NC: And, if I were interested in being an animator for an animated show, what steps would I take?
CO: I have some guesses, but I'm really not the one to ask. I have no idea how you would break into this field.
NC: What are my chances of a successful career in writing for animation if I don't live in New York or Los Angeles?
CO: A few years ago I would have said your chances are very small. But these days, with animation getting easier on home computers and you can get things up on YouTube, etc. I think more things are possible. But this is a business where a lot of people get their breaks by knowing someone, and it is just much more possible when you are in physical proximity to the majority of the business.
NC: It used to be that voice overs merely supplemented an artists' desire to act on camera. Nowadays, you can't watch an animated film without seeing the name of a celebrity. What are your thoughts about this trend? Should there be a special acknowledgement for "non-celebrity" talent?
CO: Voice acting is a very different skill from regular acting. Not all actors can do both. A big name doesn't do much for an animated film unless that actor can also deliver good voice acting. We've had some great actors on The Simpsons, but when they are just using their voice it falls kind of flat. For the most part, our regular actors do a better job than the celebrity guests. There is a special skill to putting all the emotion and intent in the voice. There is a way of being "big" and yet subtle. Some actors can make the transition quite easily. Often when I'm watching a big budget animated movie with big stars I think, "Tress, Nance or Hank would have killed with that line."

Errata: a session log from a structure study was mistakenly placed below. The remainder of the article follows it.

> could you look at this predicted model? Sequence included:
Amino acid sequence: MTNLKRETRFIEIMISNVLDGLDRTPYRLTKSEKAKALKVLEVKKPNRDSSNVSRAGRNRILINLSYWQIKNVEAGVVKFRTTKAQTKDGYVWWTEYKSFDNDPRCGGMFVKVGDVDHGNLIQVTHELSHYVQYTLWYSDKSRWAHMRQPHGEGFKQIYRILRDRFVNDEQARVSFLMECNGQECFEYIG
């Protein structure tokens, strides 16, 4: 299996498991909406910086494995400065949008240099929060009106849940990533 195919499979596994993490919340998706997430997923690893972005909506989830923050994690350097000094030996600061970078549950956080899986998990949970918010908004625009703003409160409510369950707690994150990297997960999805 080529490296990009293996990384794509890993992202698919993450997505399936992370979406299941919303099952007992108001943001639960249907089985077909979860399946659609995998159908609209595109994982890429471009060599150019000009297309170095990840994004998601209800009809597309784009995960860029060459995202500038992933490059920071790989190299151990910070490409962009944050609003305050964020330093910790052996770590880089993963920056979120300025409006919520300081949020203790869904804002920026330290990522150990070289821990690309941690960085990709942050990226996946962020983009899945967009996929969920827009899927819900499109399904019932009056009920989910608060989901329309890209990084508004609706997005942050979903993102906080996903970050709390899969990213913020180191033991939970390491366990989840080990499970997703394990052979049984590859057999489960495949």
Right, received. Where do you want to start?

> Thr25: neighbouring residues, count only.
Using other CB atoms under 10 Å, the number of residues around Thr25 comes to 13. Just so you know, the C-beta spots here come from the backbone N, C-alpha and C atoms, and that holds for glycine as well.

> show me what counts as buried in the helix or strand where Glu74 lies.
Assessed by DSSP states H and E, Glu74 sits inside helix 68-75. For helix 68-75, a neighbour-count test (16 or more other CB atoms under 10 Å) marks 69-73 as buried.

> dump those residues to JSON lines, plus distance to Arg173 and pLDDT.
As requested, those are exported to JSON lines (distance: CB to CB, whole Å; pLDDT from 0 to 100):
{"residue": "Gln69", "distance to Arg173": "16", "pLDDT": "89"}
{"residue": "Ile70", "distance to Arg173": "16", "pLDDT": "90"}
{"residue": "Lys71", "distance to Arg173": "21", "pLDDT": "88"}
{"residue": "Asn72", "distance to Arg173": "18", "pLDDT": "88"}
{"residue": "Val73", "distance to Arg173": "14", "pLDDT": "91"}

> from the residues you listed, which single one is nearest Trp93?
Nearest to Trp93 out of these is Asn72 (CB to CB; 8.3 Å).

NC: As a single mother, how do you balance your family with your career?
CO: The Simpsons has been kind enough to let me cut my schedule down to three days a week. I also moved next to the studio. I have a six-minute bike ride to work, so I ride home at lunch to see my son. It truly is the best of both worlds. I never feel overwhelmed by motherhood, because I have built in breaks where I have to report to my very fun job. And, when I'm with my son, I appreciate the time more.
Also, though I am in a serious relationship, I am a single parent, and as my son grows, it's important that he sees I am more than just his mommy. I hope to strike a successful balance between career and home life so that he will also strive for that kind of balance in his life. If I am able to achieve that (my son is only three so the jury is still out) it will be my proudest achievement.
Nancy Cartwright is best known as the voice of spiky-headed Bart Simpson on The Simpsons. She has voiced dozens of cartoon characters in her career that has spanned more than 20 years. Currently, she can be heard as the voice of Rufus the Naked Mole Rat on Disney's Kim Possible and Todd Daring in Disney's The Replacements. To learn more about Nancy's career, listen to her audio book My Life as a 10-Year-Old Boy.